A Wrinkle in Time

Meh Pavel

This review was written for and appears on Punch Drunk Movies. Check out the site when you have a chance.

“A Wrinkle in Time” is preceded by a short intro featuring the film’s director, Ava DuVernay. It’s a rambling welcome, but something in it caught my attention. The movie is for 12-year-olds, she says, the 12-year-olds at heart. That term, 12 years old, kept repeating, over and over, like a broken record. As the film unspooled, it became clear why. Her intro was not a welcome, it was a warning: Adults need not apply.

A Wrinkle in Time 2
Meg Murry (Storm Reid) is a deeply unhappy girl. Four years prior, her astrophysicist father Alex (Chris Pine), on the cusp of discovering a revolutionary method of interdimensional travel, disappeared without a trace. On the anniversary of his vanishing, Meg is visited by three astral travelers, Mrs. Which (Oprah Winfrey), Mrs. Whatsit (Reese Witherspoon), and Mrs. Who (Mindy Kaling, and no, sadly, she’s not a doctor). They reveal to Meg that her father has been imprisoned by an evil entity known as The It (voiced by David Oyelowo). Able to fold time and space, the Mrs. Ws take Meg, along with her genius kid brother, Charles Wallace (Deric McCabe), and a chivalric friend from school, Calvin (Levi Miller), on a journey through the universe to save her father.

DuVernay is best known for the movies “Selma” and “13th,” a historical drama about Martin Luther King Jr. and a documentary about the intertwined nature of America’s prison system and racial inequality, respectively. She’s not the first person you’d think of to direct a kid’s fantasy film, which makes her an interesting choice to do so, and she does bring something different to the film. It has an eclectic and inclusive cast, and she does a good job with the tone, bringing a sense of joy to the proceedings, a positivity wholly lacking in cynicism.

But she doesn’t have the right touch for fantasy. CGI and foreign landscapes fill the screen, but none of it is transporting, none of it feels alive. And frankly, none of it’s very imaginative. The worlds they visit are all empty vistas, almost completely devoid of life. The reportedly $100 million plus budget isn’t taken advantage of and doesn’t show up on the screen.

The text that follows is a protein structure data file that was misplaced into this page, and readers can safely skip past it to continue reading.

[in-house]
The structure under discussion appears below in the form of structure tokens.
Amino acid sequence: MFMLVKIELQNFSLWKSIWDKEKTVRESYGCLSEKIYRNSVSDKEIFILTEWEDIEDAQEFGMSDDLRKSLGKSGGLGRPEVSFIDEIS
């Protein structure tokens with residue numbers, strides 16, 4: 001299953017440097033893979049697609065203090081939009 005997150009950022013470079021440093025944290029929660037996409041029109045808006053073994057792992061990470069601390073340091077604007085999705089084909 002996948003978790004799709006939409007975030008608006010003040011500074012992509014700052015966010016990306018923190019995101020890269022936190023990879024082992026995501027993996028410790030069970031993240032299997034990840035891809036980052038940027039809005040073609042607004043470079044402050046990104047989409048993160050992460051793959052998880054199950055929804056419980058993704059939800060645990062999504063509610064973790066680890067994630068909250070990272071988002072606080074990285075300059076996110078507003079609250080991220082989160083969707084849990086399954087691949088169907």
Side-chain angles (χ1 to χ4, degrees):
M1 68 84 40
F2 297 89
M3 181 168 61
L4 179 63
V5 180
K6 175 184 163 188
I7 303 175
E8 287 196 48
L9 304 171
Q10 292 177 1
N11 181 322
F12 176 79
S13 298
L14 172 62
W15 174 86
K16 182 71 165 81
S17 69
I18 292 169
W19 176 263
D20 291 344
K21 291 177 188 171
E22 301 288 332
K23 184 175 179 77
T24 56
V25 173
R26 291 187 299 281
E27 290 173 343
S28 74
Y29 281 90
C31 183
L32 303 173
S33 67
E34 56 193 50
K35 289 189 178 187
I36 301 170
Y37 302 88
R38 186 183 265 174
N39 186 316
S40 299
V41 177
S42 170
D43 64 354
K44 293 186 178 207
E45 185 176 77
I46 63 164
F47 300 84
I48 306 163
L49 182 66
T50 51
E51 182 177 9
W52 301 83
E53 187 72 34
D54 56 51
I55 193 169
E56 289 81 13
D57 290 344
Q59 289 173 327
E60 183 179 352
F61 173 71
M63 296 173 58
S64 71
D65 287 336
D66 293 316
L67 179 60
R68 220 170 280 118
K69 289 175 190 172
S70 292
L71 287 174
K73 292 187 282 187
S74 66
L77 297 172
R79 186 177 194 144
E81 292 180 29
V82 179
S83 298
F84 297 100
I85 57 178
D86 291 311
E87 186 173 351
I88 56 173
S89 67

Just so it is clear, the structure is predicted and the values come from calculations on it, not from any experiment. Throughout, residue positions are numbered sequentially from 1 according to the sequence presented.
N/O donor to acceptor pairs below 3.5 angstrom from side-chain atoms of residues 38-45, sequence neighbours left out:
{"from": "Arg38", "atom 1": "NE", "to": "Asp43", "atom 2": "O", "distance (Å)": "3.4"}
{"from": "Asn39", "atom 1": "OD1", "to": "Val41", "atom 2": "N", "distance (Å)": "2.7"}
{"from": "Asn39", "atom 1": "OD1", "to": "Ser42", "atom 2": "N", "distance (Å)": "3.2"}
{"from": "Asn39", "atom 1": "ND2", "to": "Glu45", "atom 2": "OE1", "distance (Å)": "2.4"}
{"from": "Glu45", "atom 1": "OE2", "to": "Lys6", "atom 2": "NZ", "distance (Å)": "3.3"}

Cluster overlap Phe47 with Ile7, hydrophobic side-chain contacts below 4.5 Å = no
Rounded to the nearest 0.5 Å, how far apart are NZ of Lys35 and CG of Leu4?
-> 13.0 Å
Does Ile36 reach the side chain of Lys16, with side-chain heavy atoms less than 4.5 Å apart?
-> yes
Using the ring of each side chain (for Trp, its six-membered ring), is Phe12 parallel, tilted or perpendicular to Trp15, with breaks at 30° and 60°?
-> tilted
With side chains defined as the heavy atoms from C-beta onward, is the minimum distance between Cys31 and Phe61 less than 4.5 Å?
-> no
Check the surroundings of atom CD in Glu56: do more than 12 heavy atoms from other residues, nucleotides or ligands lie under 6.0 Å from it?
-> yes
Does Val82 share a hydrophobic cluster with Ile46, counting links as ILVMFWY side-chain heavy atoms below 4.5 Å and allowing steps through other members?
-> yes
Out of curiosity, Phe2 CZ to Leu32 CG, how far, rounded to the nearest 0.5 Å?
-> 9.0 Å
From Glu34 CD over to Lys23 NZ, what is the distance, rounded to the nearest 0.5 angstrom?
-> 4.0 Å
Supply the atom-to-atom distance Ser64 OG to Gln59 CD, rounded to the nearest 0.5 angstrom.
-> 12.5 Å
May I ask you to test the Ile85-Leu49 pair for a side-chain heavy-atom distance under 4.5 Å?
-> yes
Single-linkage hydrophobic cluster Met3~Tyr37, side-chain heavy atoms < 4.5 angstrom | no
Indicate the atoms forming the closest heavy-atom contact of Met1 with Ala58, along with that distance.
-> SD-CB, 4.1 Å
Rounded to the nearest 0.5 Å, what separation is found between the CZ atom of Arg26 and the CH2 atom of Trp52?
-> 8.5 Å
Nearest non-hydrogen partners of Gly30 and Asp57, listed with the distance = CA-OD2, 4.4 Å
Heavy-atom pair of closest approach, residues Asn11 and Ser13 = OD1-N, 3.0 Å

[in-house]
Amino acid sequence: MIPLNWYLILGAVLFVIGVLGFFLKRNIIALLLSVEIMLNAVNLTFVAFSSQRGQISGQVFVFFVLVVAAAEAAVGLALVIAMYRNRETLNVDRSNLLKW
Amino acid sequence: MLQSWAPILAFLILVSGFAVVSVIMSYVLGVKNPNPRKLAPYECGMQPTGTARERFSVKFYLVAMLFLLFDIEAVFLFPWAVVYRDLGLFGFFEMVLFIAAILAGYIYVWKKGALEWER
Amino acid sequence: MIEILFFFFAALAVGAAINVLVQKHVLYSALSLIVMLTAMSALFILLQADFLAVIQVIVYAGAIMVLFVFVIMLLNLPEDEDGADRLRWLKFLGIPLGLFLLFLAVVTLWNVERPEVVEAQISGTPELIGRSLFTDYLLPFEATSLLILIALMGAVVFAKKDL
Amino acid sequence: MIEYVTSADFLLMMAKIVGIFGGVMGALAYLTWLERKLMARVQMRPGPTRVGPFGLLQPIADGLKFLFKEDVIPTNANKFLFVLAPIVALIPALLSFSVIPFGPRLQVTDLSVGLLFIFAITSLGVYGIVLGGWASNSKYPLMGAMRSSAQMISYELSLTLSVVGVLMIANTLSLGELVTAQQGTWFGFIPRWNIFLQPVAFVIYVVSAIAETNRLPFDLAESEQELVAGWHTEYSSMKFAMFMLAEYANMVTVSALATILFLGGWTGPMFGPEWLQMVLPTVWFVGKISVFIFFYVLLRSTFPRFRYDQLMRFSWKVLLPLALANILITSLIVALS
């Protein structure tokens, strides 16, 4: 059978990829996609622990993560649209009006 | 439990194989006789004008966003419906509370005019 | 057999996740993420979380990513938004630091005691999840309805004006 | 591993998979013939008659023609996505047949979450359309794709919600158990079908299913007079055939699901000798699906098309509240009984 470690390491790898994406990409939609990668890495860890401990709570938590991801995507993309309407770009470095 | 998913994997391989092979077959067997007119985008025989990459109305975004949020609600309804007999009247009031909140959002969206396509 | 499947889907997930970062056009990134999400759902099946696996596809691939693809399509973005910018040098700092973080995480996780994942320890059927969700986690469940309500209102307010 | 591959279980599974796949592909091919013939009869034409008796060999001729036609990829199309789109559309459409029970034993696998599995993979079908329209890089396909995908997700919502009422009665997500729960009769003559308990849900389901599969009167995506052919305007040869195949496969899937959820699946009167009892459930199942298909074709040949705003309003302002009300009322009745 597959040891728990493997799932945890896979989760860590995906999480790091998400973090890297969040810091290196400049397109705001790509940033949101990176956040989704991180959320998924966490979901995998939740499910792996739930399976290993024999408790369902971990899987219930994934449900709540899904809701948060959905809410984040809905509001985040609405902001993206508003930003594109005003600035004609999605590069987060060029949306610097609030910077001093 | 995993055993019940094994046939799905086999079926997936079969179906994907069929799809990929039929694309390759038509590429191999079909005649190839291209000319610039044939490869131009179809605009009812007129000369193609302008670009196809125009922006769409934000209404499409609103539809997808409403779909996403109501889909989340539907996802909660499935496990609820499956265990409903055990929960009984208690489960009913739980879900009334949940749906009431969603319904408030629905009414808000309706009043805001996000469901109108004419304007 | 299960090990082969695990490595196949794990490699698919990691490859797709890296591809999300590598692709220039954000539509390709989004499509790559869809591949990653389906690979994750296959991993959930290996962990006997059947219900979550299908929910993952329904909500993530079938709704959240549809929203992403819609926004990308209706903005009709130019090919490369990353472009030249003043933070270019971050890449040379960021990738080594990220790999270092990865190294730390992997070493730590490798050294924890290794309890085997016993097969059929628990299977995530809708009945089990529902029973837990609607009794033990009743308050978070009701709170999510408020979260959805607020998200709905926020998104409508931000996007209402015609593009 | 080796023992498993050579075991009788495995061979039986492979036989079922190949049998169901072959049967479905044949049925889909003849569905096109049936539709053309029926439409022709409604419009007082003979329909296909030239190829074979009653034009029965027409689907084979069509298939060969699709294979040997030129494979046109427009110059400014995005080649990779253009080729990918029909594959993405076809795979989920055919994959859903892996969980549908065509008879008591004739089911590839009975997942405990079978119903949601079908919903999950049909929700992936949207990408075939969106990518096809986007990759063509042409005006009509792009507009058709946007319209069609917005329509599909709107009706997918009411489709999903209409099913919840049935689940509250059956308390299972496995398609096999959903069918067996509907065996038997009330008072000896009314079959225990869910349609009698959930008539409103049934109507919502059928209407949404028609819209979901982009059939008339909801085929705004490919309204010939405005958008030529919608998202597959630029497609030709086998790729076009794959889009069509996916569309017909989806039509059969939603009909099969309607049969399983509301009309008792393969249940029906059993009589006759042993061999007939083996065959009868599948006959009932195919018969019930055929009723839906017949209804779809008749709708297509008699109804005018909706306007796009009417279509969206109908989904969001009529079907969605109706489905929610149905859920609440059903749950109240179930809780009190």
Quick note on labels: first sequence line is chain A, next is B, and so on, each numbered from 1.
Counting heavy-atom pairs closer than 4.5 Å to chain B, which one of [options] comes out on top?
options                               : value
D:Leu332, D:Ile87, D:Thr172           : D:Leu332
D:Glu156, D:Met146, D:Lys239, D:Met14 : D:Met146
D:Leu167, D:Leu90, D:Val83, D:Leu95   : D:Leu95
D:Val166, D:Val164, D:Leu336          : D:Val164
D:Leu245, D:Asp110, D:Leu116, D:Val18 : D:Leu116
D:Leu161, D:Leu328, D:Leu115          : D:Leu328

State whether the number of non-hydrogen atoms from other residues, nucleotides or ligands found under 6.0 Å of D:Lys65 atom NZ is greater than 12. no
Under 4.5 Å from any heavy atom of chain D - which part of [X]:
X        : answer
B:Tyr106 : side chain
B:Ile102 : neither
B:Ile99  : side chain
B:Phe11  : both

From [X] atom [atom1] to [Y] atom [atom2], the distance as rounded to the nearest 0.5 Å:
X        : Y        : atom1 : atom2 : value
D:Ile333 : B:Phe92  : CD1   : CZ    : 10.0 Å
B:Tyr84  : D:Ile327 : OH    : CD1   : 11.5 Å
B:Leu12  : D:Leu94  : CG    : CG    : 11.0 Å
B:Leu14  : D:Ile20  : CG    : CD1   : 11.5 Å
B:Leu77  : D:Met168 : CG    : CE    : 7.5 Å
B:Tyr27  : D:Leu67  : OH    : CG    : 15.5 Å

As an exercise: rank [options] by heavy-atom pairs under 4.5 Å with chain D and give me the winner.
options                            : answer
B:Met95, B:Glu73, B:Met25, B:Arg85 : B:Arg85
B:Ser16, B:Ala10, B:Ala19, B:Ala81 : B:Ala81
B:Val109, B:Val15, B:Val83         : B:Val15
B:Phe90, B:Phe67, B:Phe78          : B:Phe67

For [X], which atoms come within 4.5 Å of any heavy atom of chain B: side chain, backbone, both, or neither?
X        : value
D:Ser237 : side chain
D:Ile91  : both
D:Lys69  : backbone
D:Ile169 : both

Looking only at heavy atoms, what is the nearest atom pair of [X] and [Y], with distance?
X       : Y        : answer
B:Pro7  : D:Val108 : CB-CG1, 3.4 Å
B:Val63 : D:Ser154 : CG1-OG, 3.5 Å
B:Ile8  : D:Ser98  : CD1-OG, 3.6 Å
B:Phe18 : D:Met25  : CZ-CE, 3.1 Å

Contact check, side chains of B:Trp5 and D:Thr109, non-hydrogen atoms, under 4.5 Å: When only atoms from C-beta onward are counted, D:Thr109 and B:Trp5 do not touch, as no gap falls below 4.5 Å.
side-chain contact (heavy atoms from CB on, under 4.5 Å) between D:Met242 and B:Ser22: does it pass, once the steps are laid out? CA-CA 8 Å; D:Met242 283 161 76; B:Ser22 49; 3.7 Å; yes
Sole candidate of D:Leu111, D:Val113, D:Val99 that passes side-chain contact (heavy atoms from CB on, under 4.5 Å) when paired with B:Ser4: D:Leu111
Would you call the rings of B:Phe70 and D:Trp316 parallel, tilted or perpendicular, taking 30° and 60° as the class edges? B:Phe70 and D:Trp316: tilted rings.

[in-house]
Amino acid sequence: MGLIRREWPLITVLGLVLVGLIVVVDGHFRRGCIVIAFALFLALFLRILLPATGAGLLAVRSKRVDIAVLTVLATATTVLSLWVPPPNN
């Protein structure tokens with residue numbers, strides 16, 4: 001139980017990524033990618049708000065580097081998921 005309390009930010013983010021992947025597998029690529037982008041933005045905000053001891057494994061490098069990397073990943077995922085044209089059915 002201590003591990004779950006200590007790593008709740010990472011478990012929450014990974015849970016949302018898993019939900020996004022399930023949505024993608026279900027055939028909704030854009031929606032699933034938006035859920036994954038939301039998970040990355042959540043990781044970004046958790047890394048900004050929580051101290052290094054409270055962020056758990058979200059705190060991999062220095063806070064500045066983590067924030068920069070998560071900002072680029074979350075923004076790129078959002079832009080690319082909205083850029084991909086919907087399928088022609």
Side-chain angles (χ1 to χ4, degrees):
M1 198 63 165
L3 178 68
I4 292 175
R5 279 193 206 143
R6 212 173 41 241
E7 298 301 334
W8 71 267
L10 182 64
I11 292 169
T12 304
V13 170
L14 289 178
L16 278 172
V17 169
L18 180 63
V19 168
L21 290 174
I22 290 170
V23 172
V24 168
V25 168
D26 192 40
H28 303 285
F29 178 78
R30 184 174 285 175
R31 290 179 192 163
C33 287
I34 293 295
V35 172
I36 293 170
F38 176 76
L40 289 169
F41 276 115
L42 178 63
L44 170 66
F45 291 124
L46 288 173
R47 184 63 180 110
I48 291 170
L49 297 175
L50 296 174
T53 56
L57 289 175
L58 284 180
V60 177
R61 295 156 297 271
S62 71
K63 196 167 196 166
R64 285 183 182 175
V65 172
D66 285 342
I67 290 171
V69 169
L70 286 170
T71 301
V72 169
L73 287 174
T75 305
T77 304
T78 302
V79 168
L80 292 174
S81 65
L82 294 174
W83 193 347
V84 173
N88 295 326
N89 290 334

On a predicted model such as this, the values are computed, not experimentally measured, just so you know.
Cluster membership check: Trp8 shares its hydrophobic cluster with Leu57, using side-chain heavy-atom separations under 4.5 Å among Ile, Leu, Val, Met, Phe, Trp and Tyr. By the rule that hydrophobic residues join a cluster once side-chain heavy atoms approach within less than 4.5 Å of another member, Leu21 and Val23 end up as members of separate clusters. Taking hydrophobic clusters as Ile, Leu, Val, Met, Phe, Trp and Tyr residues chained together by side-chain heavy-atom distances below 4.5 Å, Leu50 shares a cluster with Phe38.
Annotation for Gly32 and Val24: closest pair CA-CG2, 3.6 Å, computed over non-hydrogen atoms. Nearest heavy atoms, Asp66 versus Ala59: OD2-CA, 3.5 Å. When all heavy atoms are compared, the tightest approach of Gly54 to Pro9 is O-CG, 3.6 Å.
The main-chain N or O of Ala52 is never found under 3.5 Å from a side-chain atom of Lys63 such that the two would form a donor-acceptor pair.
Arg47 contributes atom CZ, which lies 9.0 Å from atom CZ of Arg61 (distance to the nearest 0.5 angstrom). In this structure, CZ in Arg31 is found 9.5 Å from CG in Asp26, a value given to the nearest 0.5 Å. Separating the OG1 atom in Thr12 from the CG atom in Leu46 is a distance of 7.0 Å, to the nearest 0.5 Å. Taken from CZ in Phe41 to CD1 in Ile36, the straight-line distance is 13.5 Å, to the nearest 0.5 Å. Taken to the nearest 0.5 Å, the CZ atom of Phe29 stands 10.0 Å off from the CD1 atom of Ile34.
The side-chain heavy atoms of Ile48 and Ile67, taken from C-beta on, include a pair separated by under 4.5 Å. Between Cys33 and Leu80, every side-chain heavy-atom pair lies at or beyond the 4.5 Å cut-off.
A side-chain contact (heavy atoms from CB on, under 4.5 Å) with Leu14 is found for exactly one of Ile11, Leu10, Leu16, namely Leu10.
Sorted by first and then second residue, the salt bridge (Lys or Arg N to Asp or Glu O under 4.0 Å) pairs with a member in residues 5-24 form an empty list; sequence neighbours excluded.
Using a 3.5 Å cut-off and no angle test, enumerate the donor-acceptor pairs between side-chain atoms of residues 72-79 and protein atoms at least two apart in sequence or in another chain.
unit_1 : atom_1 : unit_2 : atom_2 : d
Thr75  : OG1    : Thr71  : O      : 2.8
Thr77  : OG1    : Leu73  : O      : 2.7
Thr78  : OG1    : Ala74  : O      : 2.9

And DuVernay shoots the movie in an odd way, framing much of it in maddeningly extreme close-ups. I think she does it for a reason, at least: it’s a way to get us close to the characters, literally and emotionally, a way to read them more easily. It’s different, especially for a special effects heavy film, but it’s anxiety inducing. Everything is just too close, and on an Imax screen, it’s not particularly flattering. I am now far too familiar with the inside workings of Oprah Winfrey’s nose than I am remotely comfortable with.


It doesn’t help that things happen in the film with little logic or explanation. True, not everything needs to be clarified. What exactly are the Ws and The It? Not important beyond good guys and bad. But some things do need to be explained, like motivation. Why does The It want Meg and her father, and what is its end goal? No clue.

It all feels random, as if the movie’s making things up as it goes along. The group transports to the first planet Meg’s father visited, tracing his steps. They talk to flowers (“They speak color,” apparently), then Mrs. Whatsit transforms into a giant flying leaf and they take to the air, cruise around a bit, lose one of the kids when they encounter The It in villainous cloud form, and have to scramble to save the falling child. It’s a nice enough sequence, mostly because of the (consistently) joyous score by Ramin Djawadi (“Game of Thrones”), and because the young actors really sell the moment. But when it’s over, it feels pointless. They take off and land in the exact same spot having learned little to nothing from the experience.

Without motivation and with things happening at random, my interest waned early on. And yet, I’m giving the movie a mild recommendation. The appealing cast uniformly gives the material their all, and there is a positivity and a message that, though filled with platitudes and clichés, is great for kids. And yes, we need more movies with a heroine of color at the center, one who uses her brain and knowledge of science to win the day.

So yes, “A Wrinkle in Time” is likable. But it’s just not very interesting. I wanted to care about what was happening in the film, but I didn’t. Sometimes, likable isn’t enough.

-Pavel Klein

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